Questionnaires

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Questionnaires
Examine the reasons why some sociologists choose not to use questionnaires when conducting
research. (20 minutes)
Questionnaires are criticised for being invalid, superficial and limited research method. Their
greatest flaw is that they fail to produce a fully valid picture of real dynamics of life. They merely
offer a set of questions (usually close-ended and aim to quantify these for ease of analysis.
Questionnaires are valued by positivists for allowing to establish cause and effect relationships
while interpretivist see them as the least valuable method of research.
Primarily, one of the main practical disadvantages is the low response rate. In Shere Hite's
research in 1991 on `love, passion and emotional violence the response rate was only 4.5. Given
this low figure, the excruciating importance of drawing generalisations is lost. The research is,
therefore, unrepresentative of interests of wider population.
Secondly, the questionnaires are seen as being inflexible. When the questionnaire's responses
are finalised, the researcher can see little scope for formulating new interests or ideas and
exploring them as it can be done in participant observation. Furthermore, the interviewer may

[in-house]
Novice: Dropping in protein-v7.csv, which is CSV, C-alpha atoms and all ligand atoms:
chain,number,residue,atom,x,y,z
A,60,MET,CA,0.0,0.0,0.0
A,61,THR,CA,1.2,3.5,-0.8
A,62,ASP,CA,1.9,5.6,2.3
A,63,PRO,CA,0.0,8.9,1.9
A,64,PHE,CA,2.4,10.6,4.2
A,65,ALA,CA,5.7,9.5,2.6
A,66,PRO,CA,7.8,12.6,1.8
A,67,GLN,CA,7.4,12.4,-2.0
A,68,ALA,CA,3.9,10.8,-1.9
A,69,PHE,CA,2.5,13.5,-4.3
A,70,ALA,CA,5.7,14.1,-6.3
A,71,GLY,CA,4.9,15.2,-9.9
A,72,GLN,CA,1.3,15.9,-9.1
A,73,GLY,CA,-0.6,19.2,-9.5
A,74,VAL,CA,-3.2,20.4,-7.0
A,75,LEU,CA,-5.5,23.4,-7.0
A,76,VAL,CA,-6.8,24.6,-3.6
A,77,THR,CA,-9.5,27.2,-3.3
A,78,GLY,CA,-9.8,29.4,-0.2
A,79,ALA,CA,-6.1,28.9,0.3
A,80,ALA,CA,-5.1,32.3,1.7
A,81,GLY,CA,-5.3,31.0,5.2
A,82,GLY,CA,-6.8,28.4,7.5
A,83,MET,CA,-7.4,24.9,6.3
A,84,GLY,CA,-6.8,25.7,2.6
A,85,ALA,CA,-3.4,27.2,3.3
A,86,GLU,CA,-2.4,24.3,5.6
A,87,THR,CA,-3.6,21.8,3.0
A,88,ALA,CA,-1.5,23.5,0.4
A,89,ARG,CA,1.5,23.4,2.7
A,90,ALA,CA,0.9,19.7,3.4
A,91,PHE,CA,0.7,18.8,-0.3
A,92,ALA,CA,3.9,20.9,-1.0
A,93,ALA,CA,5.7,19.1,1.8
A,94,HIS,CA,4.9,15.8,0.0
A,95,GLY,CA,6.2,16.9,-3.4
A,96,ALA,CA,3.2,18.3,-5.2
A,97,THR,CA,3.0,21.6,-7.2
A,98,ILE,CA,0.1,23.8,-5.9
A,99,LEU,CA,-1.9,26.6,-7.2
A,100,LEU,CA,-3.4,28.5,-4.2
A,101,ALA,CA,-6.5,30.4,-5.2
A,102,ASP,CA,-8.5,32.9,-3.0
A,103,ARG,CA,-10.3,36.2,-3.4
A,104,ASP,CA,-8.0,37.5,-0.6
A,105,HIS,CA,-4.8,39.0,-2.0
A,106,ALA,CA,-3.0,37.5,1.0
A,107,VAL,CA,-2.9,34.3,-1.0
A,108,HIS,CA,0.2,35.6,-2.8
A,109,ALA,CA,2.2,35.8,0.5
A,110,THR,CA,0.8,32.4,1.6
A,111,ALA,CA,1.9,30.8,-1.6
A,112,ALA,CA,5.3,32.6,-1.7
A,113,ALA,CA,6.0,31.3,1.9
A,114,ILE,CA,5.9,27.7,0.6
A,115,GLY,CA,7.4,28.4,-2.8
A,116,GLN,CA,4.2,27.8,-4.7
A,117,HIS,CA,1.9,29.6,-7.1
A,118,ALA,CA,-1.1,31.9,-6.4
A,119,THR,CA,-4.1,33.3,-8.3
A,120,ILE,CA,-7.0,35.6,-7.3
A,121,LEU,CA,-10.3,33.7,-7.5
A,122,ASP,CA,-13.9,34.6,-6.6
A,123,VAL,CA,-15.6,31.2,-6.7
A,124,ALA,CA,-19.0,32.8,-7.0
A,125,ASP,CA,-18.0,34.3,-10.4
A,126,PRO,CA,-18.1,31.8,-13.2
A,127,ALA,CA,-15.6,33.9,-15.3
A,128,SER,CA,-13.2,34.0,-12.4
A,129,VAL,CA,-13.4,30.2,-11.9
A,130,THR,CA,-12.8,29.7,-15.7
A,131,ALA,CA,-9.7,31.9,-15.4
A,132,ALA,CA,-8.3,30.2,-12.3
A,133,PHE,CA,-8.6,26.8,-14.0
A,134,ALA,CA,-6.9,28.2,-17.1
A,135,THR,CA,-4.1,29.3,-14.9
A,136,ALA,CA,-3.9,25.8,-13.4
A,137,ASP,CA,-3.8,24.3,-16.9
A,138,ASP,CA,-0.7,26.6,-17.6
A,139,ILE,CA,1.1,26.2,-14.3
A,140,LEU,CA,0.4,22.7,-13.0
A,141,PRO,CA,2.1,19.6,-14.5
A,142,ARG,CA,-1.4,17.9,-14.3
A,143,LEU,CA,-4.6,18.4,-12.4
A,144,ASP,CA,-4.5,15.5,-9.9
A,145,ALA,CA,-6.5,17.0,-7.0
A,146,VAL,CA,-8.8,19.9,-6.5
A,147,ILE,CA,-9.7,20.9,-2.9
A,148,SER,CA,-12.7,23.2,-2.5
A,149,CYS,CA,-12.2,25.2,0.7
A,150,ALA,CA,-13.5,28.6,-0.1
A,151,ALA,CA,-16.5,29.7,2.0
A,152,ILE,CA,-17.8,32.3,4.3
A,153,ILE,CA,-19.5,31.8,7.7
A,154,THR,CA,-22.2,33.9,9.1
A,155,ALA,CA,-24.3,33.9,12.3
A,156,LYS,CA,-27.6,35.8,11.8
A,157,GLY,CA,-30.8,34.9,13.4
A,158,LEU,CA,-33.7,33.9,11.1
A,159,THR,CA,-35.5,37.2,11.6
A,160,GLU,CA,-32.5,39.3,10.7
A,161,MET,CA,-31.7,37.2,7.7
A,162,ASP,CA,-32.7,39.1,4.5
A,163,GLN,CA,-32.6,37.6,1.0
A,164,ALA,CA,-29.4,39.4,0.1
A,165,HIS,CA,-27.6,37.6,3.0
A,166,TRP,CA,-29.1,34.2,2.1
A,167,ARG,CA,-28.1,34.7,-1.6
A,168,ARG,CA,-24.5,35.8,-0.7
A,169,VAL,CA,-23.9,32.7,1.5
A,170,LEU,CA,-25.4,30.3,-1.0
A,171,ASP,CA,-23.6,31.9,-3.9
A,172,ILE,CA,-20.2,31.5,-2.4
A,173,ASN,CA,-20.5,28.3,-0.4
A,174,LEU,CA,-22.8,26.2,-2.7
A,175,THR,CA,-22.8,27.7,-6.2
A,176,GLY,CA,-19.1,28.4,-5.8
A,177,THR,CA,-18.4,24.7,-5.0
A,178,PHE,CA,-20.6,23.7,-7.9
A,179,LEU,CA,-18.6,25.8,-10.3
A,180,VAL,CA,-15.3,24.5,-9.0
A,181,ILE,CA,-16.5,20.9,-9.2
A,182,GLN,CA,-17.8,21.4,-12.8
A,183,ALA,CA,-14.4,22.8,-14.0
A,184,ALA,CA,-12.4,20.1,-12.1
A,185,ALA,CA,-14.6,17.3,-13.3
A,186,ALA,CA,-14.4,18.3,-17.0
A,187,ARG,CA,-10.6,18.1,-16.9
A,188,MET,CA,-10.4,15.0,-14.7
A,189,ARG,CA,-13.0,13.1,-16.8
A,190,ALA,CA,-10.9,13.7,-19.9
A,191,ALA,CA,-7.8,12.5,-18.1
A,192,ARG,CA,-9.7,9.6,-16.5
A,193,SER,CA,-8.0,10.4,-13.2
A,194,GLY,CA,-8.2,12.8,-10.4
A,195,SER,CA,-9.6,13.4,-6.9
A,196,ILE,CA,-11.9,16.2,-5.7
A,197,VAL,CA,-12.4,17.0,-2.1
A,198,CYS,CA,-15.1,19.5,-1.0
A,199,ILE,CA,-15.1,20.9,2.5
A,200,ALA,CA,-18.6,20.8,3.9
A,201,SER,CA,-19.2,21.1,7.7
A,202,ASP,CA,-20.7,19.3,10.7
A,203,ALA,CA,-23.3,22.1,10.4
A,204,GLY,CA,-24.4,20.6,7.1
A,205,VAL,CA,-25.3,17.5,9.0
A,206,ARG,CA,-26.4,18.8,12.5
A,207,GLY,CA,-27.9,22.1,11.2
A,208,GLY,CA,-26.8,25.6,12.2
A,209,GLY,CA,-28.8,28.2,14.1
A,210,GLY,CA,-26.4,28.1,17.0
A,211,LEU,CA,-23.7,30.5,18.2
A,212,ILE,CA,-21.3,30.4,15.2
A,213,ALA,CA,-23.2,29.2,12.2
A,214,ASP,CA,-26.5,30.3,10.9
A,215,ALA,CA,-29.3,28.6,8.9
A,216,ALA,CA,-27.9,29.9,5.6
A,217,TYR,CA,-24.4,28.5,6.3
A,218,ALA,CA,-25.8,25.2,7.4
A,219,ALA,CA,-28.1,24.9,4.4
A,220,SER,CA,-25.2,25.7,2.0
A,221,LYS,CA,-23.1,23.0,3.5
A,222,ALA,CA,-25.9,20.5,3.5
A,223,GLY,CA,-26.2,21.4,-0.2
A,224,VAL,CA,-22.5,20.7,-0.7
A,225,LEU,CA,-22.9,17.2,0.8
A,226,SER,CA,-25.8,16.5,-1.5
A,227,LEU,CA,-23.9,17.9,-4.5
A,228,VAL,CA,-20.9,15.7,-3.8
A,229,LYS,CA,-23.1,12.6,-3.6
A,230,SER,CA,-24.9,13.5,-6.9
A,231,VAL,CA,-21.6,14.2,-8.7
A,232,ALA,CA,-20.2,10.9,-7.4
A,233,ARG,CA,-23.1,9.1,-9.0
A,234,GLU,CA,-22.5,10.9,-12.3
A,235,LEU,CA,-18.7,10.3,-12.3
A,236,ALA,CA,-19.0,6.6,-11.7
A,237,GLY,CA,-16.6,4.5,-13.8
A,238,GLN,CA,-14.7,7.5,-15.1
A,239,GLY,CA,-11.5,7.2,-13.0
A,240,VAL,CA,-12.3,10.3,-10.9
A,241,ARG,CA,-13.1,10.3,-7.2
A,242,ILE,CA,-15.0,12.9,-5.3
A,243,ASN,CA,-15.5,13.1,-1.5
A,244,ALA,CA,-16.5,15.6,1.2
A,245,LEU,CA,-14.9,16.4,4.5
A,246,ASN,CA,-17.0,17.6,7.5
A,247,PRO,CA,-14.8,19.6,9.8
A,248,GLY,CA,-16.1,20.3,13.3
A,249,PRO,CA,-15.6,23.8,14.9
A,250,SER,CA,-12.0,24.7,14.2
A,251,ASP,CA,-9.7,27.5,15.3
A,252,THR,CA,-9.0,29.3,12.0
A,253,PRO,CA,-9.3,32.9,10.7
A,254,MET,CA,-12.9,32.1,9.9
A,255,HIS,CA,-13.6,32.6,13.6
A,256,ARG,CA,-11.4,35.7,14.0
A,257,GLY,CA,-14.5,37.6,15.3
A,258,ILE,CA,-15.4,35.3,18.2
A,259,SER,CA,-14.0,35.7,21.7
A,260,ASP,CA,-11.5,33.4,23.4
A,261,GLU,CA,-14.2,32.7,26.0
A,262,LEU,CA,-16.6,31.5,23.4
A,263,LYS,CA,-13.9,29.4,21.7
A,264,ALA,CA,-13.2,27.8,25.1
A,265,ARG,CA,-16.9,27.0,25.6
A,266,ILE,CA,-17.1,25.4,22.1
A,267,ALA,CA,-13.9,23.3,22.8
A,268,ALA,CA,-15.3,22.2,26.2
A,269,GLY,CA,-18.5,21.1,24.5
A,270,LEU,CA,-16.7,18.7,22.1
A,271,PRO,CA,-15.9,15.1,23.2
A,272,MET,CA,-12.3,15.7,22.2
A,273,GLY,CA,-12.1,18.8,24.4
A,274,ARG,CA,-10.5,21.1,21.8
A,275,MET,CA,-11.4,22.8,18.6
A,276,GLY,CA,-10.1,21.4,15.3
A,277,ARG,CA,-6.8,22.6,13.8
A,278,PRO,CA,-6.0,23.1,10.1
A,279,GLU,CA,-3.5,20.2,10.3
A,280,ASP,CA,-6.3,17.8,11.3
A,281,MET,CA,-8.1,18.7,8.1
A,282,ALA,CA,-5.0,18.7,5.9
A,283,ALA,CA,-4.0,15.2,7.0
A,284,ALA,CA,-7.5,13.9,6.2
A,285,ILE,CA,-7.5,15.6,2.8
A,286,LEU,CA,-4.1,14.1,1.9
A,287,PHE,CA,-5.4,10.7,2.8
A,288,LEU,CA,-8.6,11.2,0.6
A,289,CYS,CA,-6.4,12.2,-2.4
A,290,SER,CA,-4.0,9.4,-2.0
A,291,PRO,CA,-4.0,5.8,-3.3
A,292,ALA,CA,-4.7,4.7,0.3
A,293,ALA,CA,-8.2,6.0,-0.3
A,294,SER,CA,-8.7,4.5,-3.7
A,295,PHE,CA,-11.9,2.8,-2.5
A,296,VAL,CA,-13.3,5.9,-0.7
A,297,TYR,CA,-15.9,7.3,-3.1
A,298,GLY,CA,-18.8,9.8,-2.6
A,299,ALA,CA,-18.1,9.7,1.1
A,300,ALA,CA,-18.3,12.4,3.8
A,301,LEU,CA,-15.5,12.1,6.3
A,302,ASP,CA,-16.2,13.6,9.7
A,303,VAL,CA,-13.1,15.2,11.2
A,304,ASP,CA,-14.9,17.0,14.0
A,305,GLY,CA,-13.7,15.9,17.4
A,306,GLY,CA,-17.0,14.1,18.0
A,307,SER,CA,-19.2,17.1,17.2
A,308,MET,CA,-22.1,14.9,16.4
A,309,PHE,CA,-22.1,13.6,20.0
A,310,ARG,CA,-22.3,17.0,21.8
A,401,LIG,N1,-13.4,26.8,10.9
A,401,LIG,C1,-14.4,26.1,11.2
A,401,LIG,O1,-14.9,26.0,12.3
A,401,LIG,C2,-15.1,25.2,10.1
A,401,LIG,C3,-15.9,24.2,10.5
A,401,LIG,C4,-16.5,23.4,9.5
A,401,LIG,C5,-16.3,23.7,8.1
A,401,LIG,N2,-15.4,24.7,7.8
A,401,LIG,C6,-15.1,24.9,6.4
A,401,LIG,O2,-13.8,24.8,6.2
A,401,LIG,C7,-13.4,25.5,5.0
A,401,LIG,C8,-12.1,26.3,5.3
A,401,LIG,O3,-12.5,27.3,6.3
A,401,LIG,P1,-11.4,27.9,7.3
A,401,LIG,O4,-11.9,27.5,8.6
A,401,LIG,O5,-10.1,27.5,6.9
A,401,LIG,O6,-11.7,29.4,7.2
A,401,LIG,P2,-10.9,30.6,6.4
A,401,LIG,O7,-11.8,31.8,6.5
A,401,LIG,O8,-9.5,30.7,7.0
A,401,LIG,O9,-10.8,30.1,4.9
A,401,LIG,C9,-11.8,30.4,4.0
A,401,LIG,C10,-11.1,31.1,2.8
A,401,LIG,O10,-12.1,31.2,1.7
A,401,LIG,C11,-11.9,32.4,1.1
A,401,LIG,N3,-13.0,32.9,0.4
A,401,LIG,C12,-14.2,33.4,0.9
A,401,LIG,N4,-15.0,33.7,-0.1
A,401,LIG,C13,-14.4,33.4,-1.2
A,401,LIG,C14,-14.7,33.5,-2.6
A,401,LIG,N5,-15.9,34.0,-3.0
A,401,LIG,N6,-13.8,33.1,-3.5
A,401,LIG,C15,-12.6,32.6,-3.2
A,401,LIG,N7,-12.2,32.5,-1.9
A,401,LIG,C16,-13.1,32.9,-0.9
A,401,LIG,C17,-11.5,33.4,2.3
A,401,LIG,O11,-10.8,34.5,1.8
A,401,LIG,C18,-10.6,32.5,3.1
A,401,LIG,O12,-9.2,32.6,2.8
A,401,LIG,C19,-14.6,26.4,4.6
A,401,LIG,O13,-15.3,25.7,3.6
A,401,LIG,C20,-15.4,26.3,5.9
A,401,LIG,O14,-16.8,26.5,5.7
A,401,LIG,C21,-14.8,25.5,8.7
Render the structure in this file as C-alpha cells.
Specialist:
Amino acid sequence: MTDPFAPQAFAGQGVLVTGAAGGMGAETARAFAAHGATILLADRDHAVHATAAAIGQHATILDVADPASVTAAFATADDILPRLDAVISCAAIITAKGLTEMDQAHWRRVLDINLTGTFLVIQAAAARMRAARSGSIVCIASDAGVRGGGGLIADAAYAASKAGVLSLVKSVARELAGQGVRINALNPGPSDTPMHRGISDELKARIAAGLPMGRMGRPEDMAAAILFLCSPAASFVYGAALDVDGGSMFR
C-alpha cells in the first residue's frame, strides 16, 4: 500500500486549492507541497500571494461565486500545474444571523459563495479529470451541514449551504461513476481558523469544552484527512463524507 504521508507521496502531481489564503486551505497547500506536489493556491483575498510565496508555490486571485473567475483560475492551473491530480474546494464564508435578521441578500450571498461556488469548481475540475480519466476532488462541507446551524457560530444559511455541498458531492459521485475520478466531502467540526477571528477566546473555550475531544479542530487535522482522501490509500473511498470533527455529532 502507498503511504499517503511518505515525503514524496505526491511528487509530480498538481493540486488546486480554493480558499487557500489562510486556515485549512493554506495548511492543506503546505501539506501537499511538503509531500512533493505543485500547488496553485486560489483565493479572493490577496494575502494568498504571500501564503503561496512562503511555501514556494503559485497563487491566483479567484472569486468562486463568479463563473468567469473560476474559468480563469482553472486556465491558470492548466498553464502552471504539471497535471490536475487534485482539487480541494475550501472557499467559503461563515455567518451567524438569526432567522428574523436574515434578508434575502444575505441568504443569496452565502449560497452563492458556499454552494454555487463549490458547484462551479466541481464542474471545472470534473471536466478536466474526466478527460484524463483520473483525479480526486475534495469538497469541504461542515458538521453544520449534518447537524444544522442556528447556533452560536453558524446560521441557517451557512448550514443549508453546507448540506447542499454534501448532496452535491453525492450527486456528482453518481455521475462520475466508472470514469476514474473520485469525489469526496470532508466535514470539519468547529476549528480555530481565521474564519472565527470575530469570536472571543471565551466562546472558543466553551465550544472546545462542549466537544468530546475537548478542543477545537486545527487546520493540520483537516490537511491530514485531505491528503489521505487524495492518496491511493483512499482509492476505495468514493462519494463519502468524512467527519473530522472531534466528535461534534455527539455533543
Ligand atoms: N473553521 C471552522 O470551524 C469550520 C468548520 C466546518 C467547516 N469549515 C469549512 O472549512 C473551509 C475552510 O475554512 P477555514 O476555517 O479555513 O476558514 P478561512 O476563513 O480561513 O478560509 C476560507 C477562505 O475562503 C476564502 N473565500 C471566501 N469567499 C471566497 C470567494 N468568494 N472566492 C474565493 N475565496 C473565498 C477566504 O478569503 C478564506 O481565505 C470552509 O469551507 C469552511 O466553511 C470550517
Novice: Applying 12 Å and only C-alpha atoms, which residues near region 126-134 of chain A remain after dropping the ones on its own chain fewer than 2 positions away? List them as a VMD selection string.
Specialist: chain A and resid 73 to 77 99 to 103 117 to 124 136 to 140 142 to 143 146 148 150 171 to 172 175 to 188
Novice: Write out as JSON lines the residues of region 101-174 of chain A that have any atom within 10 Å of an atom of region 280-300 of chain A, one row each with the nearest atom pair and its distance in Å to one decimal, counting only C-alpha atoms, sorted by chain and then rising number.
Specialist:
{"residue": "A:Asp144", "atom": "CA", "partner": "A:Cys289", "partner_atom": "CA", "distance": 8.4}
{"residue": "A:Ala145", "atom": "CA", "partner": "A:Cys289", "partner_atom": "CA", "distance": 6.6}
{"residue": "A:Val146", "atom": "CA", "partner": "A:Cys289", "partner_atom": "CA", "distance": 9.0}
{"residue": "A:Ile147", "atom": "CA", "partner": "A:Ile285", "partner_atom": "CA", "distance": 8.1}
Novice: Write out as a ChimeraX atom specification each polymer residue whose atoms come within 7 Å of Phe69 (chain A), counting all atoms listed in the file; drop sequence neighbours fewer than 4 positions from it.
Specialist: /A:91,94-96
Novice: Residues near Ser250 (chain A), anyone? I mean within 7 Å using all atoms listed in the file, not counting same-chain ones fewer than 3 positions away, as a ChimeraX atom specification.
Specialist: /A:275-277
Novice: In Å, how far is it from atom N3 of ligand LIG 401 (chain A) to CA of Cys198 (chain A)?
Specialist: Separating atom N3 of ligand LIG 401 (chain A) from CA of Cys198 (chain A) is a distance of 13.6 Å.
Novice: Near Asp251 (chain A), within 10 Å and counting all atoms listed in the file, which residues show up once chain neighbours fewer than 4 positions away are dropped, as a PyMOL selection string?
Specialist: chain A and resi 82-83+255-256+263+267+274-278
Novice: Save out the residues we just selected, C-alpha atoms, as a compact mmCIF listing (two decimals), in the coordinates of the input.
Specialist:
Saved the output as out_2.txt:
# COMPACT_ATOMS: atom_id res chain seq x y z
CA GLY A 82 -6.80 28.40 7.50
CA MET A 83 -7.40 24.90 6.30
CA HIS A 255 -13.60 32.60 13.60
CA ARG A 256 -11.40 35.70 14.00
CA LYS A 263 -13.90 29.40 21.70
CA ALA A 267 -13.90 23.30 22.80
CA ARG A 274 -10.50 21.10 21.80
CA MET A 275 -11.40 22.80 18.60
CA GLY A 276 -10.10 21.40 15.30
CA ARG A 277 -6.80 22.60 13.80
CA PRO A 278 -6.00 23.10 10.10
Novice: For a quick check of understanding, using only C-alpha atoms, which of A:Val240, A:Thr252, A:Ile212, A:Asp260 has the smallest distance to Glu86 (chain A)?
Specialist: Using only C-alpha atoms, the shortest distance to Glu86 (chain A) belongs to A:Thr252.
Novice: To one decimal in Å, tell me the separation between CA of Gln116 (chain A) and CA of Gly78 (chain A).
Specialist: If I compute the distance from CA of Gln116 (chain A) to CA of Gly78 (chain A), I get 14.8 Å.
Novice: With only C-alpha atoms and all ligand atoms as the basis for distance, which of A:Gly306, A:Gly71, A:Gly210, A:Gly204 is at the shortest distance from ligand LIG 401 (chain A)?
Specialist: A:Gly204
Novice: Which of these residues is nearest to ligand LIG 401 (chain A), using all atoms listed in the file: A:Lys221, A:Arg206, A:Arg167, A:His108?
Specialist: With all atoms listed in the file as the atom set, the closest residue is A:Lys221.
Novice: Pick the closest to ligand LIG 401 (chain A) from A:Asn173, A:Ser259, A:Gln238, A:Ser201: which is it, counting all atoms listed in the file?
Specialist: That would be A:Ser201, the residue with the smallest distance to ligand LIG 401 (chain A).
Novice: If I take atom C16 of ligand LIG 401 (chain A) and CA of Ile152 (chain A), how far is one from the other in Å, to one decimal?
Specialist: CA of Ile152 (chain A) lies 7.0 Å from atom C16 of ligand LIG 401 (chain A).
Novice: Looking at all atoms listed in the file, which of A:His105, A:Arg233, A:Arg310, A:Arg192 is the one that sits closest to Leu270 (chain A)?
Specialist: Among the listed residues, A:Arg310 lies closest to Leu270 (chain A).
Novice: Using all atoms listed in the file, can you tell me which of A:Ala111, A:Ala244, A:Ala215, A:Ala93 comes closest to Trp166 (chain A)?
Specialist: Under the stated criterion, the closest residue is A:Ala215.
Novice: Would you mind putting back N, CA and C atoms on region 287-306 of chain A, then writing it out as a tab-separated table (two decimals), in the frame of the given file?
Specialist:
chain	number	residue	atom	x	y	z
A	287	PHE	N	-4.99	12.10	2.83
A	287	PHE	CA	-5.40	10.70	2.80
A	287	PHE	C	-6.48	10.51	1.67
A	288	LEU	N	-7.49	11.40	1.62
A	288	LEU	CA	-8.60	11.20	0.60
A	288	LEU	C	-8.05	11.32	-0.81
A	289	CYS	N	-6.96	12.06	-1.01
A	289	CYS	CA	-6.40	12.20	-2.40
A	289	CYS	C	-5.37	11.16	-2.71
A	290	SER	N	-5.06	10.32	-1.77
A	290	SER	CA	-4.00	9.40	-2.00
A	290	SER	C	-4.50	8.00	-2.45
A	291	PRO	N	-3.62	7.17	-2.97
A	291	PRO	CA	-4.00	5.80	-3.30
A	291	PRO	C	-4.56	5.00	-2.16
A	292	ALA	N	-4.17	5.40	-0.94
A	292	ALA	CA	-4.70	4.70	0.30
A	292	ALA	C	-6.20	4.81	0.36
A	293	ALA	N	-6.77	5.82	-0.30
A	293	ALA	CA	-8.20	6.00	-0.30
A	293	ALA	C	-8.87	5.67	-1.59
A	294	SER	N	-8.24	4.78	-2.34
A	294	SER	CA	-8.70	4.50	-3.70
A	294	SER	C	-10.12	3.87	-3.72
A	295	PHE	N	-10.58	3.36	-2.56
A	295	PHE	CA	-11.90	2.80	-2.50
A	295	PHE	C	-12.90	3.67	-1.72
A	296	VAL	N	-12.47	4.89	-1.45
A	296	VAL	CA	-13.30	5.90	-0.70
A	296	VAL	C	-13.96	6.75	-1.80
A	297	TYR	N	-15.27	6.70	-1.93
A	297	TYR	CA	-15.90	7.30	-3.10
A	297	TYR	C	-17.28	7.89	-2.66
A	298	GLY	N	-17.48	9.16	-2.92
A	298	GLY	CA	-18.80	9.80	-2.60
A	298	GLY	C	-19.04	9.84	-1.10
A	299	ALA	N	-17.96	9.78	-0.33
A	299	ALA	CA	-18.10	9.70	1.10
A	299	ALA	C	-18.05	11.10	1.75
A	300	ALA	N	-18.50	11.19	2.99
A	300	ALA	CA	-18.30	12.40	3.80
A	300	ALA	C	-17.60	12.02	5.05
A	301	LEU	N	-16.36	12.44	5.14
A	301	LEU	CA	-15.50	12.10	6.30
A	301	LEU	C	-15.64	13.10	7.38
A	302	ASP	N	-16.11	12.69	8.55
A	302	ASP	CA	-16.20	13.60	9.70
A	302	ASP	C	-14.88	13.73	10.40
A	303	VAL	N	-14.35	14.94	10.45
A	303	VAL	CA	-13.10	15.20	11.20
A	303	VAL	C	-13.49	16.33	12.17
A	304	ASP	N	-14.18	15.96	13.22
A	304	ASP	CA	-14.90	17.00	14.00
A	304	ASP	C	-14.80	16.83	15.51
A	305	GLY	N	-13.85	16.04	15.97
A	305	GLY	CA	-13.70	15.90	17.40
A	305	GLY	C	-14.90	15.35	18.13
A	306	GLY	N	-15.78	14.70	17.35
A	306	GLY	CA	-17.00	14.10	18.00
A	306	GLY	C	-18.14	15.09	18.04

collect biased data because in standardised questions he/she already imposes interests of their
own and excludes questions that might be important to respondent.
Thirdly, where the sociologist has interpretivist perspective, detachment may seem a big barrier
to overcome. The researcher cannot observe the full picture of a sample being questioned
because he relies on responses. Apart from that, the pre-coded answers limit the chance of
clarifying certain questions and addressing misunderstandings of the respondent. This roots to
the aim of questionnaire, in addressing large scale population in order to draw generalisations;
the concept of individuality is lost. Where the questionnaire is open-ended (respondent may
express attitudes and views) the researcher will have to lump non-familiar answers into one
category. It will, thus, be more difficult to analyse and quantify information in order to find
correlations between variables.
In conclusion, questionnaires fail to express changing attitudes or social actors' values and
beliefs due to being snapshots of particular moment when the respondent answers the
questions.

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